Laura Bliss is CityLab’s west coast bureau chief. She also authors MapLab, a biweekly newsletter about maps (subscribe here). Her work has appeared in the New York Times, The Atlantic, Los Angeles magazine, and beyond.
Metro’s $120 billion rail proposal alone won’t transform how Angelenos get around.
A long, hot haul over the I-405’s Sepulveda pass corridor is always a good reminder of L.A.’s sore need for new ideas in transportation. That stretch consistently ranks as among the most congested in the country, and for decades has been the focal point of ambitious ideas aimed at solving the city’s infamous traffic.
True to form, the gridlocked Sepulveda corridor is once again at the centerpiece of the city’s transit plans, this time in a $120 billion tax proposal released earlier this month by the Los Angeles County Metropolitan Transportation Authority that lays out nearly 40 transit and highway improvements over about as many years. It puts a big emphasis on rail projects, proposing a rail tunnel underneath that section of the I-405 (and placing a toll road there), accelerated work on extending the Purple Line subway to Westwood, extending the Red and Gold lines, and new transit lines in the San Fernando Valley and in Artesia—plus expanded bus service on some major thoroughfares and a number of highway improvements. The initiative would be funded by a half-cent sales tax increase (and extend a similar, earlier increase) for 40 years. To pass, it needs to win a two-thirds majority on the ballot come November.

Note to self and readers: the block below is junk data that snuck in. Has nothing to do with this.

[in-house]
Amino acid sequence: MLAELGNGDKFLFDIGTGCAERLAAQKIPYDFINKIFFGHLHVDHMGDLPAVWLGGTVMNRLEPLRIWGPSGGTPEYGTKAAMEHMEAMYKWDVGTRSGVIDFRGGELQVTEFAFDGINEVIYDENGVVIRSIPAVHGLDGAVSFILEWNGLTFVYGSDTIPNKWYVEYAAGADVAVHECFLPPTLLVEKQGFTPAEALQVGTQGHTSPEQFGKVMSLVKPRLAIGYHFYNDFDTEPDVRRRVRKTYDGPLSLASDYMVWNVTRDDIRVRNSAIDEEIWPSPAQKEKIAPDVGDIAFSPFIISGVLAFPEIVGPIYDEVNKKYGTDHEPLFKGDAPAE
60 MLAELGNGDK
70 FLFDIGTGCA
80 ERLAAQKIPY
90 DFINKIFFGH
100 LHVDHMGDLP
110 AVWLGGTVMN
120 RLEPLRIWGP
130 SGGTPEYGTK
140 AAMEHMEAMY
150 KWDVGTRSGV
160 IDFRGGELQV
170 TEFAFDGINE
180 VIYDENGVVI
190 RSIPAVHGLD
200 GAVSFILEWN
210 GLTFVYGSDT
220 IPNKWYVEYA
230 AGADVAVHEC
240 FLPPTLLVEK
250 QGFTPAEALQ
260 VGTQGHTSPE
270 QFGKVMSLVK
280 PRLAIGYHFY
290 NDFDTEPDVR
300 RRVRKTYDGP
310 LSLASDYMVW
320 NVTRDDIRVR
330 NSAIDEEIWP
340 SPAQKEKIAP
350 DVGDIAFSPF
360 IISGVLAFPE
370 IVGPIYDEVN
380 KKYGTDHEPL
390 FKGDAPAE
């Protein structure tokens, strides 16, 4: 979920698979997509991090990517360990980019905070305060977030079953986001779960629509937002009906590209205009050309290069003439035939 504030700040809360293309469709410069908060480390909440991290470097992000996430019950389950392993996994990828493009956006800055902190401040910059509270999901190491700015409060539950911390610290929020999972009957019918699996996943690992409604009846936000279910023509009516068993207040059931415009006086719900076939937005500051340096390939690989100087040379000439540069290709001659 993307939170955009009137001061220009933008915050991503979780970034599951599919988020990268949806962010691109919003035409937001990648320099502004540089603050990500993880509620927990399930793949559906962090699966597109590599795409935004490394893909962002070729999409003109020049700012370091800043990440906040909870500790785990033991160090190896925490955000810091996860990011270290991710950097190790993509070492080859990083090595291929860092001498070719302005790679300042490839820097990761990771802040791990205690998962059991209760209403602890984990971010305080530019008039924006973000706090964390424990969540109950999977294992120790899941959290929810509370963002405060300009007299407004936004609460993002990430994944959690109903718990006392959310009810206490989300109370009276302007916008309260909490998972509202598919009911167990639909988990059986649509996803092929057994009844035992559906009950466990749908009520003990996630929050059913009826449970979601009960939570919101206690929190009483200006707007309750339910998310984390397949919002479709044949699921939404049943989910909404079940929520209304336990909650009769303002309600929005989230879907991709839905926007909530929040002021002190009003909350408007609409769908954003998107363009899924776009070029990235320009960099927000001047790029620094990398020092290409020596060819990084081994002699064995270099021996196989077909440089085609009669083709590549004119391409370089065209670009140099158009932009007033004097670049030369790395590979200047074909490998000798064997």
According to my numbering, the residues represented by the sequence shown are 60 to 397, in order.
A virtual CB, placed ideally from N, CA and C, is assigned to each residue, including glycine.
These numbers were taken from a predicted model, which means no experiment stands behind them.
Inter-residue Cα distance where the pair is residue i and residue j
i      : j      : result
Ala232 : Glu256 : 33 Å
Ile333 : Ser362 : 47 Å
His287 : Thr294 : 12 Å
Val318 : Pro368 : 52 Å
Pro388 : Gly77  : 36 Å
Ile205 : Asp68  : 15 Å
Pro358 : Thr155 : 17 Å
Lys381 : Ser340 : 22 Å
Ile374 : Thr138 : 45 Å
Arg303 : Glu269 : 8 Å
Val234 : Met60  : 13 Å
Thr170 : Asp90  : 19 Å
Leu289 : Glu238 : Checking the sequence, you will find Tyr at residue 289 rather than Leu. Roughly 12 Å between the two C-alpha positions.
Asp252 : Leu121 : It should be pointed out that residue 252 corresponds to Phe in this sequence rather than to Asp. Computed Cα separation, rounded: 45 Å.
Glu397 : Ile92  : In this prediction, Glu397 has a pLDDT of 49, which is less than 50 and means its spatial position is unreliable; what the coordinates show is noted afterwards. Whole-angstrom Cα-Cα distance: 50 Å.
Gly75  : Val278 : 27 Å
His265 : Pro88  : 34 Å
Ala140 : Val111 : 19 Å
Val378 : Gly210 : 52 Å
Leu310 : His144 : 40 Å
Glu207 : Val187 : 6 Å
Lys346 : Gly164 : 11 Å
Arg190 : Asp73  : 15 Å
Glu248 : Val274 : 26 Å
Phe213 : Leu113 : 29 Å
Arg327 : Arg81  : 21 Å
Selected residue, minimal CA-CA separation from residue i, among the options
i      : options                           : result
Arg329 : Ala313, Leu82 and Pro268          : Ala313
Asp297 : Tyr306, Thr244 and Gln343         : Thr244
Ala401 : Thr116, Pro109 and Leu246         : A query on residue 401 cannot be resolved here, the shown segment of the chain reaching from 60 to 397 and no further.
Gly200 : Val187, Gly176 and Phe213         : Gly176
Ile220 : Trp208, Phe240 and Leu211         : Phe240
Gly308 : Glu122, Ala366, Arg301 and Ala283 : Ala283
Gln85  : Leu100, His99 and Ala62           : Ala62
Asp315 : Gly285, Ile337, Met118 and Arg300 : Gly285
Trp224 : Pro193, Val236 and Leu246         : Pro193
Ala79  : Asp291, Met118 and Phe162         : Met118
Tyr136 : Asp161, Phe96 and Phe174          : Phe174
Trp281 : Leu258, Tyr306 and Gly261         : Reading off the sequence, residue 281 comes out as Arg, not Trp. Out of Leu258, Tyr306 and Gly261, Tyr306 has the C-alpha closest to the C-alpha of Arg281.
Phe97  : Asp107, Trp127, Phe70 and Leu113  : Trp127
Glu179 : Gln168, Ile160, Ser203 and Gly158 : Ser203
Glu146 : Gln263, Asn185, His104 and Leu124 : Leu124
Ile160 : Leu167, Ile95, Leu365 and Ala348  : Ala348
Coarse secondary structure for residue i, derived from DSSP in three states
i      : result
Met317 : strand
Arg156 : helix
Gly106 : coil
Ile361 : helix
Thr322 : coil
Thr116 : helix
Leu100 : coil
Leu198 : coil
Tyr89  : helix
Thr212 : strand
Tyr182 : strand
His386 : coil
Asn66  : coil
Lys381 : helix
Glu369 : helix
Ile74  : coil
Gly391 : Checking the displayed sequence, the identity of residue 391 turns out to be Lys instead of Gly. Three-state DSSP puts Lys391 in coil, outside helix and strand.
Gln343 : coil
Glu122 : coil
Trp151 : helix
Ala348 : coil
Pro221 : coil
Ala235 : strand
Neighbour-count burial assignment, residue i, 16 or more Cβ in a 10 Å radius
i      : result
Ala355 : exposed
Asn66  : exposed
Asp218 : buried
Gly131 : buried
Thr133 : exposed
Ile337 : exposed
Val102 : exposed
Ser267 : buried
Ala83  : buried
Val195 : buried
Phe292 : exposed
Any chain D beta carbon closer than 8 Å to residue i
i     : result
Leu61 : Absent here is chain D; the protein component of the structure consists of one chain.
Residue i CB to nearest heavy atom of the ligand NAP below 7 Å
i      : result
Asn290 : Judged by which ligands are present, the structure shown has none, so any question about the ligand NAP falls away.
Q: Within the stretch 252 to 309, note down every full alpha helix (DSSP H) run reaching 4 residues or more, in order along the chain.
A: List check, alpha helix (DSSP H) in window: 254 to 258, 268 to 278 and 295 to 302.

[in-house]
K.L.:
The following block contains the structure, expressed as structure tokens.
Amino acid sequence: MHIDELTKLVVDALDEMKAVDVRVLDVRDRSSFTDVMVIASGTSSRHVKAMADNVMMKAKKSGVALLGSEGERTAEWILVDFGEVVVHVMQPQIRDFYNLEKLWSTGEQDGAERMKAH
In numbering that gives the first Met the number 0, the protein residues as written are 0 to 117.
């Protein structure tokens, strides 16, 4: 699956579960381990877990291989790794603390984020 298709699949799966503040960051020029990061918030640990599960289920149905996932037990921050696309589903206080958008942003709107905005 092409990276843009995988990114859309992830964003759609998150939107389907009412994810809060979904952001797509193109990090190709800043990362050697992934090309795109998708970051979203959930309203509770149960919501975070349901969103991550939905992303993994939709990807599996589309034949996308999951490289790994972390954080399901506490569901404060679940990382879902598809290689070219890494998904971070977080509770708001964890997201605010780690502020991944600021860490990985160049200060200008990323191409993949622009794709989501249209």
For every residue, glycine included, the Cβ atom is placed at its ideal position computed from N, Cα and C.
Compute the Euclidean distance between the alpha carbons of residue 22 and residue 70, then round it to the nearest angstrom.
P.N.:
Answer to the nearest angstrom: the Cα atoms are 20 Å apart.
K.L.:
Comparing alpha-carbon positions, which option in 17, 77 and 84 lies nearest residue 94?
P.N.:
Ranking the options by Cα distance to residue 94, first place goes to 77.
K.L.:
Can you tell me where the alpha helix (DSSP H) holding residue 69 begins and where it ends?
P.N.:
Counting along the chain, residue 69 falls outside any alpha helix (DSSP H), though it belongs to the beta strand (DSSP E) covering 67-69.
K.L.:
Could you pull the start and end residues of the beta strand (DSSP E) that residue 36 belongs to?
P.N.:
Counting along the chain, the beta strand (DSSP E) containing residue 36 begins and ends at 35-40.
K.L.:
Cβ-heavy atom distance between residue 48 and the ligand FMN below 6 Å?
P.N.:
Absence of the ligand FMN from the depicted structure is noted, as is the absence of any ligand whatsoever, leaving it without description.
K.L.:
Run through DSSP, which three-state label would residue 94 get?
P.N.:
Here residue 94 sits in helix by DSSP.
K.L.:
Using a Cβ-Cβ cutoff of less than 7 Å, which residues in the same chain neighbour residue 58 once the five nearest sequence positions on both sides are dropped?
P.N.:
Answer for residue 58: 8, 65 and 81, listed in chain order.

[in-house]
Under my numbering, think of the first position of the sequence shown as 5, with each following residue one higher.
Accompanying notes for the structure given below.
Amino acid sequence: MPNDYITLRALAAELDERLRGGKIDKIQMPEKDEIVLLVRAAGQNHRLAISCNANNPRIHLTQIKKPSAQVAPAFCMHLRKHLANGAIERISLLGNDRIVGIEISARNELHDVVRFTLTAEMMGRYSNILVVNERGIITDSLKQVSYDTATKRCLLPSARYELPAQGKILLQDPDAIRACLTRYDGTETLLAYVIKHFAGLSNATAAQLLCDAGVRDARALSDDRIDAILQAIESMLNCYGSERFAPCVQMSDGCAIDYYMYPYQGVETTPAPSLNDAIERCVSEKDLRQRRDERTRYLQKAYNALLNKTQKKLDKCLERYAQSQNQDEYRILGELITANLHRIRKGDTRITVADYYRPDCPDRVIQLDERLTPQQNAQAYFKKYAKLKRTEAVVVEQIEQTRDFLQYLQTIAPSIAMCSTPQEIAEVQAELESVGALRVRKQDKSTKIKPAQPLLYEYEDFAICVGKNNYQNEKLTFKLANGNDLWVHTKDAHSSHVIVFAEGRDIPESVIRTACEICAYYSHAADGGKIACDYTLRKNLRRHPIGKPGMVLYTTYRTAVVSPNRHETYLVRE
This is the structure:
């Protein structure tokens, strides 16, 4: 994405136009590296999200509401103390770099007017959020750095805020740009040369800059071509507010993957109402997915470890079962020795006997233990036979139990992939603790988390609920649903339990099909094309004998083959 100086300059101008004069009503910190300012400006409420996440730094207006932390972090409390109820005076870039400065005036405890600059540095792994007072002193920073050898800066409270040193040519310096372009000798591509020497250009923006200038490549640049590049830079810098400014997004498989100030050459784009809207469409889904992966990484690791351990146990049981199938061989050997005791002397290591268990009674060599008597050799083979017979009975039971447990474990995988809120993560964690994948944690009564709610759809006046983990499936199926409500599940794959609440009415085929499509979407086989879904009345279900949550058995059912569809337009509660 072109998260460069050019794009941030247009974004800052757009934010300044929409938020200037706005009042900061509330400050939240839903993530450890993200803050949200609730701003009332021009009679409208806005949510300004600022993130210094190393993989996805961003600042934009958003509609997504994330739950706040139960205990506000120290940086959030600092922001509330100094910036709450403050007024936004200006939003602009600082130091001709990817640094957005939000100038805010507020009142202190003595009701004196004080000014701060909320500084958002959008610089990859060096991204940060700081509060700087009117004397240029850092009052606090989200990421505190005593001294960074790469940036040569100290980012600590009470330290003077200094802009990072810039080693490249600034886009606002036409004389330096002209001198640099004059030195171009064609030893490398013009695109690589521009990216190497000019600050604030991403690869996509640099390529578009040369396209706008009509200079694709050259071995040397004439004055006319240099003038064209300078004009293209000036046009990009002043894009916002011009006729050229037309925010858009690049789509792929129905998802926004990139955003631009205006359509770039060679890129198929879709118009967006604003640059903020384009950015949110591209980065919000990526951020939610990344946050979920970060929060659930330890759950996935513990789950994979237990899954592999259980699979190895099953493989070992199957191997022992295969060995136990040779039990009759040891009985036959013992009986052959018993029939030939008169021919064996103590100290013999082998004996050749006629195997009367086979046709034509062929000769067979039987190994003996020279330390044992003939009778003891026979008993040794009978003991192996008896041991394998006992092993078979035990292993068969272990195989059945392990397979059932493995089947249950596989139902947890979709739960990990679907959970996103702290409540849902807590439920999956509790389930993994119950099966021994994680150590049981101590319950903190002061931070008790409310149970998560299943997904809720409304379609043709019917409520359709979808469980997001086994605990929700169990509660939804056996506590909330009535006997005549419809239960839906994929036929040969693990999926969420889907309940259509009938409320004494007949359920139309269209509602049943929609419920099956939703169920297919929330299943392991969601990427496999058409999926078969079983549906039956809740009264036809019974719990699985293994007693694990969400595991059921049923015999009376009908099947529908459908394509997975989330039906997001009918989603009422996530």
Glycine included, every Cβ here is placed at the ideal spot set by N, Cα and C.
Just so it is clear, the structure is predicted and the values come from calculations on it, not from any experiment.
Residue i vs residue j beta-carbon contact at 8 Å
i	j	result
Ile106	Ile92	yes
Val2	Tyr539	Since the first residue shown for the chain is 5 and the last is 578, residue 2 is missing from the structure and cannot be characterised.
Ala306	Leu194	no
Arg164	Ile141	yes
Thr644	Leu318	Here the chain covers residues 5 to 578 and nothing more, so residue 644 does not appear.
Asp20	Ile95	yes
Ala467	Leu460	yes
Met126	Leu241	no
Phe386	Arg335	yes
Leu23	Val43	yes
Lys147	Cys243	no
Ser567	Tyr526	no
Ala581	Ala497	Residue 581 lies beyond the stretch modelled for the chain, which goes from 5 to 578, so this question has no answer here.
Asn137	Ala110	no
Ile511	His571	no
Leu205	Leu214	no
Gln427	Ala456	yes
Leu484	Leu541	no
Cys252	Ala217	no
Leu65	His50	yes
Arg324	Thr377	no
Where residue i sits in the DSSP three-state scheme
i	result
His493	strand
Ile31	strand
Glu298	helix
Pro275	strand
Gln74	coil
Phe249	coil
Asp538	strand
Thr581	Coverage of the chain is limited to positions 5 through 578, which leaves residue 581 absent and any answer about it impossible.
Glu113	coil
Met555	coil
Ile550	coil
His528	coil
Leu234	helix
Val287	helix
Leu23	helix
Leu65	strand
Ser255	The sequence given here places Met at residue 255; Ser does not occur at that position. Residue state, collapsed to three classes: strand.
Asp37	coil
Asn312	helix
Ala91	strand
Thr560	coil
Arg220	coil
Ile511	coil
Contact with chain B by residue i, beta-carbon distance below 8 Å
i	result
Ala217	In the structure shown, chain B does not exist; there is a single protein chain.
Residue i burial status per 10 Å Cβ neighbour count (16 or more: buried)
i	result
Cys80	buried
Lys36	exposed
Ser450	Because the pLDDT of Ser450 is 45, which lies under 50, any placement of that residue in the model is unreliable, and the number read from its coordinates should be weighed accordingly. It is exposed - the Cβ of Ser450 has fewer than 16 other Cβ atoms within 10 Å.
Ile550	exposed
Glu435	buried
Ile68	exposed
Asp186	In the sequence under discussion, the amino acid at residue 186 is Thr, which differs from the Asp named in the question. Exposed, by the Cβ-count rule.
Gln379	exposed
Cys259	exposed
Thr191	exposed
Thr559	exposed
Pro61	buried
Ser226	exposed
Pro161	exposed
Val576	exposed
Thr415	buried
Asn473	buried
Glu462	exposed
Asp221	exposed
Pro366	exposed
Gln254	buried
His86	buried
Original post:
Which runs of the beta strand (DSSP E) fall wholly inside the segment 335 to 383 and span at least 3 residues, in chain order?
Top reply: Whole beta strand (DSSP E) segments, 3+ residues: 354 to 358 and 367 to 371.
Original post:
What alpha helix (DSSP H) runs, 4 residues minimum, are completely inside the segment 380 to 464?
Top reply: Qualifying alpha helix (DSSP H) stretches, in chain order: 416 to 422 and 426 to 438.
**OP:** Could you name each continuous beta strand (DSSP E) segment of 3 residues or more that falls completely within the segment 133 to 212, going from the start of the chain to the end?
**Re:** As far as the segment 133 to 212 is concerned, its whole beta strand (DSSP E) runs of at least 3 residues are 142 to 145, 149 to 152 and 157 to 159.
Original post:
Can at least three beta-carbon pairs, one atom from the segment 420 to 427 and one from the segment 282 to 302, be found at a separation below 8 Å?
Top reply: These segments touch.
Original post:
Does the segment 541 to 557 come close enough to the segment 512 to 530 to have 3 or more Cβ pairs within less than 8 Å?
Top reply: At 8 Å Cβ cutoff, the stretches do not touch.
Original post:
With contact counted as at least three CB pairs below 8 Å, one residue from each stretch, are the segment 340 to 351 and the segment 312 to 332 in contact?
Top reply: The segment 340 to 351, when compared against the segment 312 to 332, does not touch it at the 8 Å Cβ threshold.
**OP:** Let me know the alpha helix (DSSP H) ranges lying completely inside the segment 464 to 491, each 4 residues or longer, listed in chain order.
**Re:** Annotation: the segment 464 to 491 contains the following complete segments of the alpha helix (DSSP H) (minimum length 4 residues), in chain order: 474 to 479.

The plan is largely about reducing congestion, officials say. “This plan provides an exciting basis for a discussion about how Metro proposes to ease traffic and improve transit options for millions of Angelenos,” said Metro Board Chair Mark Ridley-Thomas in a release. “With the County's population expected to grow by 750,000 over the next decade, we cannot afford to be in chronic gridlock,” Mayor Eric Garcetti said in his own statement. A Metro website developed for the plan cites various ways that transit already “eases traffic”: more Metro rail lines and stations (including the Gold Line extension that opened earlier this month), freeway-widening projects, one million bus rides per day, adding carpool and express lanes, and funding local projects like pothole repairs and bike-share services.
The plan has gained support from the likes of Denny Zane, the executive director of the local transit advocacy group Move LA. He calls it “transformative.” “Right now we’ve got a only handful stations with connecting rail lines,” Zane tells CityLab. “The full build-out of Metro’s plan puts forth a whole new level of connectivity, and that’s the secret sauce of ridership growth.”
But Angelenos might be getting their hopes up too high if they buy into the city’s sales pitch that trains alone will cut down on traffic.
Traffic isn’t going anywhere soon
Though the argument that transit reduces traffic is popular and logical, it generally doesn’t bear out. “Some places see slight congestion gains or mileage declines in the short term, and well-designed service should lay the foundation for reduced car-reliance in the long run, but the direct transit-traffic link is tenuous at best,” Eric Jaffe wrote at CityLab in 2015. It’s largely the fault of that old devil, induced demand: When there’s more open space on the road, drivers flock to fill it.
Additionally, the biggest factors that affect ridership are largely out of the hands of transit agencies. These include the (falling) price of gasoline, and the many quiet subsidies that cities allow to support automobiles. “It’s the free parking. It’s the invisible costs that developers absorb and that drivers don’t have to pay, from widened streets to new left-turn lanes,” Michael Manville, a professor of urban planning at Cornell University who is soon to move to the University of California, Los Angeles, tells CityLab. So long as vehicles are cheap and convenient, it’s going to be hard for transit to compete.